Excerpts from book:

0.1 What's This Book All About?
The central goal of this book is to teach the reader how to design user interfaces that will enable people to learn computer systems quickly and use them effectively, efficiently, and comfortably. The interface issues addressed are primarily cognitive, that is, having to do with mental activities such as perception, memory, learning, and problem solving. Physical ergonomic issues such as keyboard height or display contrast are covered only briefly.

0.1.1 Who Should Be Reading the Book?
We've designed this book to be most useful for people who are actually developing user interfaces. That's in contrast to the full-time interface professionals who do research and evaluation in large corporations. We strongly believe that effective interactive systems require a commitment and an understanding throughout the entire development process. It just won't work to build a complete system and then, in the final stages of development, spread the interface over it like peanut butter.

With that in mind, some of the people who should be interested in this book are programmers, systems analysts, users and user-group representatives, technical writers, training coordinators, customer representatives, and managers at several levels. All of these positions have input into how the final system will look and act.

0.1.2 What Is the User Interface?
The basic user interface is usually understood to include things like menus, windows, the keyboard, the mouse, the "beeps" and other sounds the computer makes, and in general, all the information channels that allow the user and the computer to communicate.

Of course, using a modern computer system also involves reading manuals, calling help lines, attending training classes, asking questions of colleagues, and trying to puzzle out how software operates. A successful computer system or software package supports those activities, so that support is part of the user interface too.

But in a sense, all of these parts are the "peanut butter" we mentioned in the previous section. No matter how well they are crafted, the interface will be a failure if the underlying system doesn't do what the user needs, in a way that the user finds appropriate. In other words, the system has to match the users' tasks. That's why the book's central message is the need for "task-centered" design, and that's why the design of the user interface can't be separated from the design of the rest of the system.

0.1.3 What Kind of User Interfaces Does This Book Cover?
The principles presented in this book were developed primarily in the context of the interfaces to computer software and hardware, but they are also applicable to a wide variety of other machines, from complex equipment such as phone systems and video cameras to simple appliances like refrigerators and power tools. Simpler machines are sometimes informative examples of problems or solutions in interface design.

0.1.4 Why Focus on Design?
This book describes design processes that help to produce good interfaces. The focus on process instead of end result deserves some explanation. Why don't we simply describe what a good interface is and leave the reader to create interfaces that fit that description?

There are several reasons. An interface has to be matched to the task it will support, as well as to the users who will work with it. There is an infinite variety of tasks and users, so there's no simple definition of a "good" interface. There have been many attempts to give broad, general guidelines for good interfaces, but those guidelines are usually too vague to be of much use. For example, a general guideline might say, "Give adequate feedback." But how will the designer determine what's "adequate"?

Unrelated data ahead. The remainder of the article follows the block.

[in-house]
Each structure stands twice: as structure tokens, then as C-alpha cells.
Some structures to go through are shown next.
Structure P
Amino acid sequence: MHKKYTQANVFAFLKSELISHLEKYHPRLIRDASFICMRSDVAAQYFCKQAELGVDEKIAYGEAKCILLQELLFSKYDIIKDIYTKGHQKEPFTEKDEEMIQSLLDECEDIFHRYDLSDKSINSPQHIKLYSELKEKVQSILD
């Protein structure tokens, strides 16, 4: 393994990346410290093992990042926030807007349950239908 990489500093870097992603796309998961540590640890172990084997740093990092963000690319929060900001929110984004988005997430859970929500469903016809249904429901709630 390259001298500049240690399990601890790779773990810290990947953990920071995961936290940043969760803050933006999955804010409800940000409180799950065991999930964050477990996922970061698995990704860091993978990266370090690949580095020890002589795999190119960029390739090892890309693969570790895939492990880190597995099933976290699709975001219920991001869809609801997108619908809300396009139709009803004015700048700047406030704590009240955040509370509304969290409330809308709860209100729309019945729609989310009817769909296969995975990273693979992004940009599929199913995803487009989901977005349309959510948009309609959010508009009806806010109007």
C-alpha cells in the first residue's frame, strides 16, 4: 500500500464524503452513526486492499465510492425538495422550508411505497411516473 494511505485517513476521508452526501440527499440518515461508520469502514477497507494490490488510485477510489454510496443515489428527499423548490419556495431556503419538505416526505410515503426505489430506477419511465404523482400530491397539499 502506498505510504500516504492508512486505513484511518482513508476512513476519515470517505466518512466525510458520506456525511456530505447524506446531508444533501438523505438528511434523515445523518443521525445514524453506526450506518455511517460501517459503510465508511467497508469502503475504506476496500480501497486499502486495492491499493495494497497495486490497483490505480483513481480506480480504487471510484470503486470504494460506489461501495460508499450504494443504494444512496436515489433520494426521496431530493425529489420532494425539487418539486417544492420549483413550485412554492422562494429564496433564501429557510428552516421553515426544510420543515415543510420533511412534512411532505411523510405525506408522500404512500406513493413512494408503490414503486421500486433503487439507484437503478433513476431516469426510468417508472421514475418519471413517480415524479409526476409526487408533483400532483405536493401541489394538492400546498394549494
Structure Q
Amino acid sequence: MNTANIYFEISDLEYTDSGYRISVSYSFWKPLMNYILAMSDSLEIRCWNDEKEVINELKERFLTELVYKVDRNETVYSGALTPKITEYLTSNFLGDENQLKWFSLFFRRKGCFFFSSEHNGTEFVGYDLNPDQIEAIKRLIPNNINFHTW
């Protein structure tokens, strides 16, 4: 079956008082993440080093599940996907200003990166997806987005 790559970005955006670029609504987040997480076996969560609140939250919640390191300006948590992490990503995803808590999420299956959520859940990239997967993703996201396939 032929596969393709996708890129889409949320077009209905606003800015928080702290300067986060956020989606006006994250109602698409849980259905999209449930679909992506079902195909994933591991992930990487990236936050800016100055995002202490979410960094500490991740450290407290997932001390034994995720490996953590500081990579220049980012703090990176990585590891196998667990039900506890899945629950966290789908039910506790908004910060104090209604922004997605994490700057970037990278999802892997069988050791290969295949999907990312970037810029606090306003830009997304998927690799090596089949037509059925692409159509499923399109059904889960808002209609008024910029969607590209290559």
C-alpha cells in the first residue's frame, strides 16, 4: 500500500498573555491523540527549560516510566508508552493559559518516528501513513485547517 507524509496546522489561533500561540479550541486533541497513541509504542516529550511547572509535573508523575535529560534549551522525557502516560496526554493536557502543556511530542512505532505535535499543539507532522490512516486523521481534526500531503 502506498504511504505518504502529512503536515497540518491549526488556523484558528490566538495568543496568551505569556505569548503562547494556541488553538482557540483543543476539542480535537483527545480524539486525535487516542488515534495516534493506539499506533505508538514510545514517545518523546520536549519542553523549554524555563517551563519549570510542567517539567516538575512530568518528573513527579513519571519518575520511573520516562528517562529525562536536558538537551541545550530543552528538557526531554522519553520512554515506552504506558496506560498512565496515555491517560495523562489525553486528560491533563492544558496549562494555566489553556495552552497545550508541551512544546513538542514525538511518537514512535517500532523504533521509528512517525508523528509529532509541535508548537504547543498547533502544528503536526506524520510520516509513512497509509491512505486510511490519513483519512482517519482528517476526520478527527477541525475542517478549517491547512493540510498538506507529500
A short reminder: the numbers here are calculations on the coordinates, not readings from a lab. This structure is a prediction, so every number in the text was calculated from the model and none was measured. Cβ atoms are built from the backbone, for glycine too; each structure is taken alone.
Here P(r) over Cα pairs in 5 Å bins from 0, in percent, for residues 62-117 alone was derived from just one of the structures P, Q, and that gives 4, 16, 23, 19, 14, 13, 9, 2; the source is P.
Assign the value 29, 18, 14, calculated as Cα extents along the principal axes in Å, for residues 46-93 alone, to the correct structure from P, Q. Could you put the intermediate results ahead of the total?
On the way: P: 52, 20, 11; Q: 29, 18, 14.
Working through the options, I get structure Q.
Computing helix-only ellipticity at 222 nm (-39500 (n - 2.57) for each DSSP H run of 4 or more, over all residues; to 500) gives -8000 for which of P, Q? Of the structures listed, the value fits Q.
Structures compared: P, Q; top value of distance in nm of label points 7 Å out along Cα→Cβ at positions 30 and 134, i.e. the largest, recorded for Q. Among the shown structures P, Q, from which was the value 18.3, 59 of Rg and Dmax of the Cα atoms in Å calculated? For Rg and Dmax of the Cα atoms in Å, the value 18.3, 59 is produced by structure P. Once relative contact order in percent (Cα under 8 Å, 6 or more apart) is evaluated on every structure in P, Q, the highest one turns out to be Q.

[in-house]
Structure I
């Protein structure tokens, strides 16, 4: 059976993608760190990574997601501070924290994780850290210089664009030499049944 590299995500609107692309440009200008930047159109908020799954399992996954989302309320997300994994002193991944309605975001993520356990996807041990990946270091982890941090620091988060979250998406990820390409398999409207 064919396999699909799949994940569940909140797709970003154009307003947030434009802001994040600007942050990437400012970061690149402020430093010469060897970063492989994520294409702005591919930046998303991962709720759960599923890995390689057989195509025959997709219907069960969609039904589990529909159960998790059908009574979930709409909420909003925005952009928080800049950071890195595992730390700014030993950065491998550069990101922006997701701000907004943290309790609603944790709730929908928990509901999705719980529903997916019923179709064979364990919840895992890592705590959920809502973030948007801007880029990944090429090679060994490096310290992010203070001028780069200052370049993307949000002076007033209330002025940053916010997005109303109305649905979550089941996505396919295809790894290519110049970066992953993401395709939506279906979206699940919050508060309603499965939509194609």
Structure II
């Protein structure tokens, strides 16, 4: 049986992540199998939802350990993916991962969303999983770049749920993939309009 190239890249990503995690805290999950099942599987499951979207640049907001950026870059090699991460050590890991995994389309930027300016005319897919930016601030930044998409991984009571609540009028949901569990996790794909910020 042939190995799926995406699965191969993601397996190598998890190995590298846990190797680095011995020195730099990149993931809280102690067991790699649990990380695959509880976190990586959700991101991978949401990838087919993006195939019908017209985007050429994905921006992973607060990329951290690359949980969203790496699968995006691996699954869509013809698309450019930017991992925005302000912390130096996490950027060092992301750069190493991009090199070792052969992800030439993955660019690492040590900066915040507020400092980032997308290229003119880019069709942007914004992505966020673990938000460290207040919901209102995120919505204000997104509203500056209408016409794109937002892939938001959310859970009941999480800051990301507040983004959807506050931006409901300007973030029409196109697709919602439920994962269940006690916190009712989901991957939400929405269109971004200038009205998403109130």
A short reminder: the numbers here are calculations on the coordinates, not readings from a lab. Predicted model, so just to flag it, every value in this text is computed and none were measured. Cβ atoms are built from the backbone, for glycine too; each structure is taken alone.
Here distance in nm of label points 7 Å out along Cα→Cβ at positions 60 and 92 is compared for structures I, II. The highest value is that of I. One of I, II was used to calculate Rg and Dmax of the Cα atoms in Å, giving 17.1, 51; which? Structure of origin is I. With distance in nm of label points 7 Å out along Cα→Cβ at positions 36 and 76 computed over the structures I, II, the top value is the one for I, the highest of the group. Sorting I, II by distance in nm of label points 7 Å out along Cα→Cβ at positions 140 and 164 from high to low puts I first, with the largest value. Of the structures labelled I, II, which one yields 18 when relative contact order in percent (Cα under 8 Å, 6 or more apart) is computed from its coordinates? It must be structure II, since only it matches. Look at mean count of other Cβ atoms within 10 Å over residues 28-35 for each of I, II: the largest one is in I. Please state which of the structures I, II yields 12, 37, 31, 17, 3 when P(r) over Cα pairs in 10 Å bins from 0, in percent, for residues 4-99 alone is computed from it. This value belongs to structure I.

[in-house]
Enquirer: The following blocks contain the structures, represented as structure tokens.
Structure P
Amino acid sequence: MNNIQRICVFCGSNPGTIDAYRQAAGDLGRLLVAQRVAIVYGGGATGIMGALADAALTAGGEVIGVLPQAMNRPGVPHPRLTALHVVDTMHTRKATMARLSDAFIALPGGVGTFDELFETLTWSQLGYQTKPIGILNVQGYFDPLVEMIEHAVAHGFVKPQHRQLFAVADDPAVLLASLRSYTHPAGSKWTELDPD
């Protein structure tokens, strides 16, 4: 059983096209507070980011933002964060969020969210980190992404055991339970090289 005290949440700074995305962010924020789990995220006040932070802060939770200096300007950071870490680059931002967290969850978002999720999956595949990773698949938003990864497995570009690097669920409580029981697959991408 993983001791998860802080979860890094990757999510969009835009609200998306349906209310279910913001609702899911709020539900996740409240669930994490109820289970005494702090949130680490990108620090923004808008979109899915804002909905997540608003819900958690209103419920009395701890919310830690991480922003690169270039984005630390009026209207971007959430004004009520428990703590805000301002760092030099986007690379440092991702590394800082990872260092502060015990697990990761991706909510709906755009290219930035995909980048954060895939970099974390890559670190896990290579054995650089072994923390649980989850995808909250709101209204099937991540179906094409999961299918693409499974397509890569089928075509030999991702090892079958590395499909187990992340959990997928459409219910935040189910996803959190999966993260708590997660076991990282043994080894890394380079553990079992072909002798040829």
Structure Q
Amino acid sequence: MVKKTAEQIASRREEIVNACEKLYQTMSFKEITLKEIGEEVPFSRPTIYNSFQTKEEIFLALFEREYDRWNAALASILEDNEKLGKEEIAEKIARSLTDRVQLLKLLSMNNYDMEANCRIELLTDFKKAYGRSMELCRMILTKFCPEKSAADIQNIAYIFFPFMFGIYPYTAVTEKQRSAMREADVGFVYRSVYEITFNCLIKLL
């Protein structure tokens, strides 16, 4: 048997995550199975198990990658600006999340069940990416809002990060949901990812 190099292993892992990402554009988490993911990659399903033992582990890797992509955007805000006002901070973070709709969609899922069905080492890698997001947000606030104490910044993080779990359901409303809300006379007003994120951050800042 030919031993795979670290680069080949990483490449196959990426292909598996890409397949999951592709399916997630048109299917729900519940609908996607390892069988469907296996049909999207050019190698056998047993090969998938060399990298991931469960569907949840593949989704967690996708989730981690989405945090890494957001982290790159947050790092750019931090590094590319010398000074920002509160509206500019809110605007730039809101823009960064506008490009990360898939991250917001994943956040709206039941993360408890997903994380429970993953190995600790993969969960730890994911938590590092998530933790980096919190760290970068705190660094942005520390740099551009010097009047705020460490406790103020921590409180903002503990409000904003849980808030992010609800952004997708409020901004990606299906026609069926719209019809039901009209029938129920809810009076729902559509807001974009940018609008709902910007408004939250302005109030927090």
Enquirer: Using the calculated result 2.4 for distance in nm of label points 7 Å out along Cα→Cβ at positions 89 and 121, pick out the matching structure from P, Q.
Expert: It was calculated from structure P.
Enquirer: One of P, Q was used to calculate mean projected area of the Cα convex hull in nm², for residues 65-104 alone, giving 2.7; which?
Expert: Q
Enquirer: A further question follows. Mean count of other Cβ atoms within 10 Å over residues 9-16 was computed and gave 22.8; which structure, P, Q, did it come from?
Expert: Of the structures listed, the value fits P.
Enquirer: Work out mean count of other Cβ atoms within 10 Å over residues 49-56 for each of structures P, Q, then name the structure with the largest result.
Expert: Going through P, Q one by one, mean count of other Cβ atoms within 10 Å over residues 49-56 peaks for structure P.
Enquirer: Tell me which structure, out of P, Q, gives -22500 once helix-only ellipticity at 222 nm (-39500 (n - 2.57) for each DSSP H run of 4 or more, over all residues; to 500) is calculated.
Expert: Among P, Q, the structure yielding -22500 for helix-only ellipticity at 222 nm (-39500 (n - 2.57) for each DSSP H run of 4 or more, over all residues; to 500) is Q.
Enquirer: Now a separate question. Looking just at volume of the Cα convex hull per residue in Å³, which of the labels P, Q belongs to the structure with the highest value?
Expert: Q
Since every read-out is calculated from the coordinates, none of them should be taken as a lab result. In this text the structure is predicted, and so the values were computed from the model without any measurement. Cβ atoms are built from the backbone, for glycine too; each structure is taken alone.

More specific guidelines for elements of the final interface have also been developed, describing such elements as how menus should be designed, how to label icons, and so forth. These guidelines also have problems. It's impossible to cover every possible combination of task, user, and interface technology, so no set of specific guidelines can be complete. Even so, lists of specific guidelines are often so large and cumbersome that practicing designers find them very difficult to use. Further, in a given situation there are often several contradictory guidelines, and the designer has to rely on intuition to decide which are most important.

We might make an analogy between a designing a successful interface and a cutting a piece of string to the "right" length. General guidelines for the length of a piece of string, such as "long enough to do the job," aren't very helpful; and a list of specific definitions of the correct length for every purpose would be endless: 6 inches to tie up sagging flowers, 42 inches for a small package, 78 inches to tie down the trunk on an old VW, etc. But it's easy to describe a process that produces the right length: start with a very long piece of string, tie up your plant, package, car, or whatever, and then cut off the string that's not being used. Similarly, instead of specifying all the characteristics of the finished interface, this book present a design process that can produce good interfaces.

This is not to say that simply following the design process will magically produce a successful interface every time. The designer using the process must make many decisions along the way, relying on knowledge of users, their cognitive skills and limitations, and their tasks. In addition, the interface design process will only be successful if it is integrated into the software production process as a whole. This book presents basic information about all of these issues, and it contains pointers to other books and articles containing further useful information. All this material is organized in the context of the design process.